What’s the Minimum Credit Score for Mortgage Approval in Canada?July 26, 2023
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One of the biggest factors in whether or not a lender will approve you for a mortgage is your credit score. Your credit score is a number between 0 and 900 that's been calculated by a credit bureau to assess the likelihood you'll pay your bills on time. In a nutshell, the higher your credit score the more trustworthy you look to potential lenders. That said, if you’re a first-time home buyer who needs CMHC insurance, then your credit score will need to be at least 680.
What's the minimum credit score to get approved for a mortgage in Canada?
In order to be approved for a mortgage in Canada, you typically need a credit score of at least 680. This is the current minimum credit score set by the Canadian Mortgage and Housing Corporation (CMHC), which provides mortgage loan insurance on certain mortgages in Canada.
CMHC mortgage loan insurance is required if the home's purchase price is less than $1,000,000 and you're putting down less than 20% of the purchase price. In order to qualify for CMHC mortgage loan insurance, at least one borrower must have a credit score equal to or greater than 680.
Not all homebuyers will require CMHC mortgage loan insurance, however, most banks and private lenders will also require a minimum credit score above 680.
The minimum credit score needed to be approved for a mortgage in Canada will vary from situation to situation, and lender to lender, but it's a safe bet to assume you'll need a credit score between 680 and 700 to qualify.
Don’t know your credit score? Check and monitor it for free at Borrowell.
What's the easiest bank to get a mortgage with in Canada?
There's no shortcut to getting approved for a mortgage. Every bank in Canada will assess your application slightly differently, so it's not a bad idea to shop around a bit. Each one will potentially offer different loan amounts and interest rates.
There's a misconception that too many inquiries about loans or mortgages on your credit file can actually hurt your credit score but it's just that—a misconception. According to Equifax (one of the two credit reporting bureaus in Canada), multiple inquiries on your credit score in a short period of time are counted as one inquiry, especially for things like mortgage approvals. This window of time allows rate shopping, so make sure you take advantage of it.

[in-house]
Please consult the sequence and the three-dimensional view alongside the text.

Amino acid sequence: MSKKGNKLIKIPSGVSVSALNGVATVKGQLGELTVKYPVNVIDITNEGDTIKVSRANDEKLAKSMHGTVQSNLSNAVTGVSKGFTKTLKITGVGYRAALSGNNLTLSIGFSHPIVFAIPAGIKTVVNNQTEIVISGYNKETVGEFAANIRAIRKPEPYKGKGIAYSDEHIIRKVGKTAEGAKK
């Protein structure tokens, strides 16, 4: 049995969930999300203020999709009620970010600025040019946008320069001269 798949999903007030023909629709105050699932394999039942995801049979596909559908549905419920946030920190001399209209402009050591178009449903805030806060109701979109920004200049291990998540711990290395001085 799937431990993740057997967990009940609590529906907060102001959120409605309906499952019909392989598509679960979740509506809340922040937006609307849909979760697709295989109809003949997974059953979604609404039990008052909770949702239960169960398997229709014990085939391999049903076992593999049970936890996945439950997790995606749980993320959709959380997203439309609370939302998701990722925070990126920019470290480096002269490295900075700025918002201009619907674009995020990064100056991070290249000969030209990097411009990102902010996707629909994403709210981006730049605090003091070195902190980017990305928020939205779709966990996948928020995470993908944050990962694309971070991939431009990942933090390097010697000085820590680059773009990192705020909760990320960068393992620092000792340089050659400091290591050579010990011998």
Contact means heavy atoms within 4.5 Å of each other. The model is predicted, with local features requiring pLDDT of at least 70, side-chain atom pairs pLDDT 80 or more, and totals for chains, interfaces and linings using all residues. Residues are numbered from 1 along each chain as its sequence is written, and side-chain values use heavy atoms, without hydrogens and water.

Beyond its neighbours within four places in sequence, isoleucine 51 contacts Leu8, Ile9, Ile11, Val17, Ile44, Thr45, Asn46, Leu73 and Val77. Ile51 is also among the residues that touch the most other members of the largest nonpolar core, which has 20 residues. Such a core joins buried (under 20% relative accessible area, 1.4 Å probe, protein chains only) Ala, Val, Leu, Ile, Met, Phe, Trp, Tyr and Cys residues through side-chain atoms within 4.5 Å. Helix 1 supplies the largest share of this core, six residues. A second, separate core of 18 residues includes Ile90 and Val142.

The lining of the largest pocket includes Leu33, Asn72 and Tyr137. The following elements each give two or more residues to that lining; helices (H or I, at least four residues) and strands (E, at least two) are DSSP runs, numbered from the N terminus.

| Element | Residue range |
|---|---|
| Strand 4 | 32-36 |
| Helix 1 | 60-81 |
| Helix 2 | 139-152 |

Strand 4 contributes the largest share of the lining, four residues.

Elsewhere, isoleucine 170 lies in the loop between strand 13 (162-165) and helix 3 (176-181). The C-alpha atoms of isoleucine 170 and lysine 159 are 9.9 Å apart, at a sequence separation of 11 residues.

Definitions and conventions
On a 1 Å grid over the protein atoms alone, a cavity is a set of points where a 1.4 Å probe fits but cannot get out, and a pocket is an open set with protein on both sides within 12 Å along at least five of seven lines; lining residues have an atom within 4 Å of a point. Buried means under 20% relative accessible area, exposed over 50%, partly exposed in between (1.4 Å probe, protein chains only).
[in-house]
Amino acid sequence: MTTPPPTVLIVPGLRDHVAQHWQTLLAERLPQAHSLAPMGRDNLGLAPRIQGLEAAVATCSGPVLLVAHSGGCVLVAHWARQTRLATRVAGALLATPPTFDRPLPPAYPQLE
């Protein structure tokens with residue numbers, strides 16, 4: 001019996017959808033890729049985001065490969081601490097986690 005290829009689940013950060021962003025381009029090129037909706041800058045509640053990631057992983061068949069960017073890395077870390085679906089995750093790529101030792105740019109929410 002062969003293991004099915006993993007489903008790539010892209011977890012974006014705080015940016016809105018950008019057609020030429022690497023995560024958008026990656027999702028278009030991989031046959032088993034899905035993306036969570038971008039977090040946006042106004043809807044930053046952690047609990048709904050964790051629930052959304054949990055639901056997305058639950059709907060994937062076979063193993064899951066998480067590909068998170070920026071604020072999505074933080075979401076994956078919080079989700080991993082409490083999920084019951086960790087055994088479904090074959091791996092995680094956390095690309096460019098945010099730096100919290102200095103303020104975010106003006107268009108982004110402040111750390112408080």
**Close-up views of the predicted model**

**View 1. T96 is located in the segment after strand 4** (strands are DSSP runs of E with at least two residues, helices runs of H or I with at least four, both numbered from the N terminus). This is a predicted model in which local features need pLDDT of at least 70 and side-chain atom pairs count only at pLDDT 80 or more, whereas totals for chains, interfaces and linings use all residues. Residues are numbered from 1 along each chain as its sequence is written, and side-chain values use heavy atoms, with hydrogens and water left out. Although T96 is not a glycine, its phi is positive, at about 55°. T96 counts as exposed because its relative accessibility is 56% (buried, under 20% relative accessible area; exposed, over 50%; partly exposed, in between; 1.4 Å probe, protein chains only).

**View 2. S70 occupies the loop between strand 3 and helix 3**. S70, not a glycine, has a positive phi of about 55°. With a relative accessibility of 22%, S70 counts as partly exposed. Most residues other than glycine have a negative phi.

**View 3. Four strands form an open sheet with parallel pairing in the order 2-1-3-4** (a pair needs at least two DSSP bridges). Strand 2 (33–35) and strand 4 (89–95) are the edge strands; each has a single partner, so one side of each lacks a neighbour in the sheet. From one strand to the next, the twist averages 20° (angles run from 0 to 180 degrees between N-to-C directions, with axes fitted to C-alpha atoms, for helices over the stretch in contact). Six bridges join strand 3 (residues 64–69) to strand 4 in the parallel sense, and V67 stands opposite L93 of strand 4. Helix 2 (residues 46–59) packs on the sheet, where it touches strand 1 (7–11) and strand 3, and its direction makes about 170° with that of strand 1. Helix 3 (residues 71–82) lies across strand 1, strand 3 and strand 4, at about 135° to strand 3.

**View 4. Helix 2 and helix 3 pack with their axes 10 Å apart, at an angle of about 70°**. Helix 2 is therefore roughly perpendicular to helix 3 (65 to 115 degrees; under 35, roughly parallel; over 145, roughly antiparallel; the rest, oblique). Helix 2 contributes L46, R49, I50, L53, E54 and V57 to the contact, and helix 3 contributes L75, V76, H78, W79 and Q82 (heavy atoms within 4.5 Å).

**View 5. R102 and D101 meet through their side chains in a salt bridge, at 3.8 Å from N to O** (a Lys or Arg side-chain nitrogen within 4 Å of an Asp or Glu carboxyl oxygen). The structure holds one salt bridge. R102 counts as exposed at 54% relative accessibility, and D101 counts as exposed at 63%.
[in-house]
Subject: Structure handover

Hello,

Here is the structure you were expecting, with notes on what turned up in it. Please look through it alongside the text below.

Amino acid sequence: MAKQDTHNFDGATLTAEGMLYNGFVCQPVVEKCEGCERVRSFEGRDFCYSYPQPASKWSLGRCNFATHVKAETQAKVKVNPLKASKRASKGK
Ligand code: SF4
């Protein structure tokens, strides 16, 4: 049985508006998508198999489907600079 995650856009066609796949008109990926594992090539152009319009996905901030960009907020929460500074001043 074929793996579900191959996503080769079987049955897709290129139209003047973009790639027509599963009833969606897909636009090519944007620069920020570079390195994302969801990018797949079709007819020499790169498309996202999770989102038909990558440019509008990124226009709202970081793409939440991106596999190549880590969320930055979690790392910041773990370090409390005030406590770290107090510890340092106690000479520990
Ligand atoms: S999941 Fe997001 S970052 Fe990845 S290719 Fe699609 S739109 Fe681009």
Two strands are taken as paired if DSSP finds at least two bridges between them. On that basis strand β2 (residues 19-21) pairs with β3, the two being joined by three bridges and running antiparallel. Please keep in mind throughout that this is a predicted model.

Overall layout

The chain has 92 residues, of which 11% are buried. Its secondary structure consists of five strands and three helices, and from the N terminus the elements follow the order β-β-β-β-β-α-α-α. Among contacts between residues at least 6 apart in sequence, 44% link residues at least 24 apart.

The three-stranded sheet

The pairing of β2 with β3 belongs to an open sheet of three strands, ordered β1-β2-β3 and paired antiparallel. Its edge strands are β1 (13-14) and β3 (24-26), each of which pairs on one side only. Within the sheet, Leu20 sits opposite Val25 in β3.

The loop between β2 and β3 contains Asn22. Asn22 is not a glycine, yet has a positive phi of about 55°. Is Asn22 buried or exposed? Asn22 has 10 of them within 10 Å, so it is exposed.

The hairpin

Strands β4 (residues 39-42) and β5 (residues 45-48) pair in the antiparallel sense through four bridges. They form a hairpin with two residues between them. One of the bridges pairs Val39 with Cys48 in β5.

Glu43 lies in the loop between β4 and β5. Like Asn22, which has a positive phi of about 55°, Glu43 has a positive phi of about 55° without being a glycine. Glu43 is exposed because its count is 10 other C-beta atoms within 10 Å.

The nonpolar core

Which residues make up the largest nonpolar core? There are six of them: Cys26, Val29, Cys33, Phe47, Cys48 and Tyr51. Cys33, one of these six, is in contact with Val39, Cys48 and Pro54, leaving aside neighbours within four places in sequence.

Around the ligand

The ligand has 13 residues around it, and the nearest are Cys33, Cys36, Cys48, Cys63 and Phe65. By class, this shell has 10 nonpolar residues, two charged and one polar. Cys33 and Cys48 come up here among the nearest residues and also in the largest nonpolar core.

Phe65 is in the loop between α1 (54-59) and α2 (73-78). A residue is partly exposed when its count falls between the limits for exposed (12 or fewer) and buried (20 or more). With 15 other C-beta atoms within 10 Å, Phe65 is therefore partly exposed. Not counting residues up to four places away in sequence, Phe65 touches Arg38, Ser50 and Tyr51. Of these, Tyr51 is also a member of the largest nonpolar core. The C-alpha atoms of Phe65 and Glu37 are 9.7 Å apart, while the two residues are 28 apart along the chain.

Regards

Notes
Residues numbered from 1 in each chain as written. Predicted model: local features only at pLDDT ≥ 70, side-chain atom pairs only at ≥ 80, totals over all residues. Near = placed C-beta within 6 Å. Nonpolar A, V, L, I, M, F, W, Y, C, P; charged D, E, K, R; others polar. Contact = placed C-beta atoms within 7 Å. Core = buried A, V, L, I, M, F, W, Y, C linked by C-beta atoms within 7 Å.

Banks vs. mortgage brokers: Which one is better?
If you're hunting around for a mortgage don't overlook mortgage brokers. While you may have a long relationship with your existing bank and you feel this will work in your favour, potentially increasing your chance of approval, that's not necessarily the case.
Banks are only able to offer their own mortgage products, whereas mortgage brokers have access to multiple products from a wide range of banks and lenders. They basically shop around and negotiate for you, potentially connecting you with better rates and higher loan amounts.
What credit score is needed to buy a house in Canada?
When it comes to buying a house in Canada, the credit score required will vary from situation to situation. For instance, the price of buying a single-detached house in BC or Ontario will be dramatically different than in Alberta or Quebec.
The higher the purchase price of the home, the greater the mortgage amount the average buyer will require. To get approved for a high mortgage amount, you'll not only need to meet some high standards for income, but you'll also need a very high credit score. This is because, with a higher loan amount, lenders are assuming greater risk.
Minimum Credit Score for Mortgage Approval
Table: The minimum credit score required for mortgage approval won't change too much depending on your province or territory.
While some lenders will look for a credit score of at least 680, the absolute minimum credit score Canadians should have before applying for a mortgage—regardless of their province or territory—is 600. But your income and the required mortgage amount are other important factors (among others) that will determine the outcome of your mortgage application.
How much income do you need to qualify for a $500,000 mortgage in Canada?
When you're applying for a mortgage, banks and lenders will look at your debt-to-income ratio to understand the state of your personal finances. This assessment determines whether you'll be approved and for how much.
For example, someone with a high income and high debt might be approved for a lower mortgage amount than someone with a lower income but no debt.
As a general guideline, most financial experts recommend that no more than 30% of your gross annual income go towards housing expenses. For a $500,000 mortgage to be considered affordable, you'd need an annual income of around $150,000.